Apparently I suffer from an as-yet-undiagnosed affliction when it comes to 944s, or at least according to my friend Jennifer I do. I just emailed a seller in Columbus, Ohio, about a 944 he has for sale on Craigslist. I need a third one to add to my other two. Who doesn't?

It's a 1986 in very shiny Guards Red with what appears to be a superb black vinyl interior.The important statistics are a straight, rust-free body, under $1,500 dollars, and does not run, key item. I’m also greatly encouraged by the fact that there is a Haynes manual and what appears to be hood and deck lid struts lying on the front seat.

So, let me explain this for the uninitiated. Changing those struts on a 944 requires a modicum of cash and a lot of physical "coercion" on the hood side of things. For the experienced 944 owner, they cost about $60 dollars on the low end from Pelican Parts, and twice that if you are new to 944s and shop AutoZone.

Now, combine that seemingly excessive $120 AutoZone strut outlay with a car that no longer starts, (probably just the $20 DME relay, but could be more serious) the Haynes manual, which seems to indicate novice status as 944s go, and voila, to Craigslist you're a-goin', price negotiable.

I'm not predatory, if that's what you are thinking. I'm just a careful shopper obsessed with 944's.The real key is that I enjoy working on and fixing old cars, a passion and interest not shared by everyone, especially some 944 buyers.

I also came to Porsches from the world of British car ownership, with the mindset that drive time requires maintenance time, and maintenance time is part of the fun of ownership. I will admit I also spent several years racing MGBs and Formula Fords, so spending money on hobby cars that give me driving enjoyment is not a deterrent to ownership.

Knowing how much you will spend depends on your goal for ownership: daily driver, DE/track car, weekend show car or spec series racer. 944s can be any one of these, as they are incredibly versatile.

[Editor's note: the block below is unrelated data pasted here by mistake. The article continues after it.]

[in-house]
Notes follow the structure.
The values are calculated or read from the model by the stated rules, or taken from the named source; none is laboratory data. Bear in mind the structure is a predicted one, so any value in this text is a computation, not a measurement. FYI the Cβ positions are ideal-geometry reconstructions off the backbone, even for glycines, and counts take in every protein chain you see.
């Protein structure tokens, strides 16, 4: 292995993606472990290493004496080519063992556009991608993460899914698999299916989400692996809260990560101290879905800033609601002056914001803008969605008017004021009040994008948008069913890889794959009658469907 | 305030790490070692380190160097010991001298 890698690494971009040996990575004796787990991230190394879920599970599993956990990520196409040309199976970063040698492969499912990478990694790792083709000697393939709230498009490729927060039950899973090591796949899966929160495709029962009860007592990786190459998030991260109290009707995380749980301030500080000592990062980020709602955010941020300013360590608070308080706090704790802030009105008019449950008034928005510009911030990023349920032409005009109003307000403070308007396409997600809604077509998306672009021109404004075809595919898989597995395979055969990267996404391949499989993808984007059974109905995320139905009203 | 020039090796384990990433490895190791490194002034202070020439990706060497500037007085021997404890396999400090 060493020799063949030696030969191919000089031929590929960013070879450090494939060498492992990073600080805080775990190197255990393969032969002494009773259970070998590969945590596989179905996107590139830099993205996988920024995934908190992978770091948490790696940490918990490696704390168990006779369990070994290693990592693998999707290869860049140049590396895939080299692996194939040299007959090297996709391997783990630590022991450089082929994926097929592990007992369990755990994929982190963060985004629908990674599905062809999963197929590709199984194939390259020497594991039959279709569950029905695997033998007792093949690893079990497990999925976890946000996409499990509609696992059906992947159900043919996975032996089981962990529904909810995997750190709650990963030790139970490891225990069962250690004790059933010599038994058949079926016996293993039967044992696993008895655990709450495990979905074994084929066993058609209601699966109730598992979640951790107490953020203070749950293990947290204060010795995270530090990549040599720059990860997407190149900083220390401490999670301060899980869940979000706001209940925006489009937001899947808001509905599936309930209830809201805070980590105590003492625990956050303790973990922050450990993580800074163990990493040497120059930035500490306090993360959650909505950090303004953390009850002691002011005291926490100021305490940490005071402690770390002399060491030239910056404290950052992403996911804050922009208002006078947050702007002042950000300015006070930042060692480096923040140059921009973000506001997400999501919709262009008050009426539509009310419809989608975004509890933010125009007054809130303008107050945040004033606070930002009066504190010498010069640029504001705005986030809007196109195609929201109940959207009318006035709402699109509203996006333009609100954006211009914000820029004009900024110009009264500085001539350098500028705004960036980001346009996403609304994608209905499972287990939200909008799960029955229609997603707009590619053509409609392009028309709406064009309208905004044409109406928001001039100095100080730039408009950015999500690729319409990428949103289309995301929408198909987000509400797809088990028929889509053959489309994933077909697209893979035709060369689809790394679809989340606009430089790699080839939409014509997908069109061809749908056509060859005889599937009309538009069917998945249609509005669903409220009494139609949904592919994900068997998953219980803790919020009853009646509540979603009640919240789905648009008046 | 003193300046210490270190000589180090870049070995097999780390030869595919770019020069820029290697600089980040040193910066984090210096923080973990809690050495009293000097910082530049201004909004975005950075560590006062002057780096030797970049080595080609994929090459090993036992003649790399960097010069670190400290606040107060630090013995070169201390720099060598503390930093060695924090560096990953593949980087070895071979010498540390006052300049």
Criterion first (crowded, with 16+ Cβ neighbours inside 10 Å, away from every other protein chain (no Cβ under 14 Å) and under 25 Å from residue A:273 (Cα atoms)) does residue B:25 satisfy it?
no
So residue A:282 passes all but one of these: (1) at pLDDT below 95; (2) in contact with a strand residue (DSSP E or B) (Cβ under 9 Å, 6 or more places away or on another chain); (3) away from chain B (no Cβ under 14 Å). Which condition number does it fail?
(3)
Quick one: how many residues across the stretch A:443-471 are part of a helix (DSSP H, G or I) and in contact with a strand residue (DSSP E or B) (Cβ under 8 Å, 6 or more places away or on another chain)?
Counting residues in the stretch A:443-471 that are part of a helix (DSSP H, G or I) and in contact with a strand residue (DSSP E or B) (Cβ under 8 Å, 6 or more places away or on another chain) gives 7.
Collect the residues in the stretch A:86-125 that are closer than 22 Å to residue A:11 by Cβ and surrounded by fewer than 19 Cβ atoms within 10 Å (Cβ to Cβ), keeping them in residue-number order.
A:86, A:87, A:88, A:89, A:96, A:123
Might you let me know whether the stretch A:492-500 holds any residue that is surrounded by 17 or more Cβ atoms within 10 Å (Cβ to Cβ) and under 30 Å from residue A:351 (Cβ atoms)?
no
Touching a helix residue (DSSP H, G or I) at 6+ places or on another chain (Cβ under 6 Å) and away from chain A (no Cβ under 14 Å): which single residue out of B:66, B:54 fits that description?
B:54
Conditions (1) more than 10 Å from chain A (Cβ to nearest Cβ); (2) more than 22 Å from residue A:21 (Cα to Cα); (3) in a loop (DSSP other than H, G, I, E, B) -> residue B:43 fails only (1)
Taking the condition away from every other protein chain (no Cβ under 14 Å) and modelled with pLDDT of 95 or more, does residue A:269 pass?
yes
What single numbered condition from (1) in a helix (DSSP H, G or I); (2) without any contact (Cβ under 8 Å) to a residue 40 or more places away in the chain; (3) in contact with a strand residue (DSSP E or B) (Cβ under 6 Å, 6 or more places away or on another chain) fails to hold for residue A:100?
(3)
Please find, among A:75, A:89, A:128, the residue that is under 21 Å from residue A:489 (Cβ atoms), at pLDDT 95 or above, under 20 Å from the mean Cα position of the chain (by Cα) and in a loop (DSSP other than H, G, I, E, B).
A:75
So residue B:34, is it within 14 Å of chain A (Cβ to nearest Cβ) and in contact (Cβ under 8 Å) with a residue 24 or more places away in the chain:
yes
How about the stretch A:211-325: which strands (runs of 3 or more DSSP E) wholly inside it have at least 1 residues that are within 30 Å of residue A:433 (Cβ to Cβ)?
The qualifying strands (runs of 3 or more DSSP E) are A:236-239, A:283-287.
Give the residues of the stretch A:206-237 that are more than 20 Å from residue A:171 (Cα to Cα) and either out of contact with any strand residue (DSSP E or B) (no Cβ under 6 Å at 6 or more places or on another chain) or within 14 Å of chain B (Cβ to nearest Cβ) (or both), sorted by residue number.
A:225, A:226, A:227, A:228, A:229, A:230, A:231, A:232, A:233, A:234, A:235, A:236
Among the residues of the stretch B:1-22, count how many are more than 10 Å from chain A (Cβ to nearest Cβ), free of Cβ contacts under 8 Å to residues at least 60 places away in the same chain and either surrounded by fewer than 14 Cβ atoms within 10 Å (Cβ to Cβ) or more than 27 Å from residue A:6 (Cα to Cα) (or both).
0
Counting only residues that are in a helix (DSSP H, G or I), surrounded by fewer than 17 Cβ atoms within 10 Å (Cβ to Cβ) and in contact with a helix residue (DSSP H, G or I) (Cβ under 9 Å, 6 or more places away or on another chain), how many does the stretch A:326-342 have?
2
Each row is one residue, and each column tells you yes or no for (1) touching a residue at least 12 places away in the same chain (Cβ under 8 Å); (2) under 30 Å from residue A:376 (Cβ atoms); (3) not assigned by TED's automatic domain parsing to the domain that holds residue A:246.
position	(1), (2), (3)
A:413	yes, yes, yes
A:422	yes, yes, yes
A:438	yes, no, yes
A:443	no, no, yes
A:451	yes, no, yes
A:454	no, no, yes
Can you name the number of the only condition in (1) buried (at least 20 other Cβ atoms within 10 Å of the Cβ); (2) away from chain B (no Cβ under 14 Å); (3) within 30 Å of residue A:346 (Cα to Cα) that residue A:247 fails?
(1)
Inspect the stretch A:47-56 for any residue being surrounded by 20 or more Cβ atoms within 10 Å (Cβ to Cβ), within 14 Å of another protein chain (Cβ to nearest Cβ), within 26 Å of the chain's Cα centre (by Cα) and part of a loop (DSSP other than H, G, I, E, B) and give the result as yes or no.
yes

944s are great cars that can be had at a really reasonable price. What seems to cause consternation among some first-time buyers is the cost of ownership when things like timing belts and clutches come due for service.That’s when the grumbling begins. Some first-time buyers of “bargain” second hand Cayenne and 996s are probably headed along that same learning curve.

Porsche cars require Porsche maintenance, new, used or otherwise. Oddly enough, this cost of ownership "outrage" is not limited to used Porsches bought for seemingly bargain basement prices. I review complaints from consumers on a regular basis who buy used domestic vehicles and are shocked and indignant that they have to spend their own money out of pocket to repair their 100,000+ mile vehicles. Seriously, just what were they expecting?

Obviously, not all 944 owners struggle with owning and maintaining their 944. If you follow blogs and spec racing series, and it's obvious how many enthusiastic and committed 944 owners exist.

One of the more humorous Jalopnik postings I have found compared the 944 to the "Killer Rabbit" from the film "Monty Python and the Holy Grail." It’s just a harmless little Porsche…go here to read it.

But that really underscores an important point in advising anyone you know that is considering owning and maintaining a 25-30 year old Porsche like the 944. Be informed, be prepared and be committed. Help educate those potential buyers you know that are not.

Even pristine 944s, as inexpensive and well-maintained as they may seem, will require time, money and effort to keep them that way. What’s their focus: The cost of ownership or the benefits of ownership? What’s your focus? A little self-knowledge goes a long way towards avoiding buyer's remorse.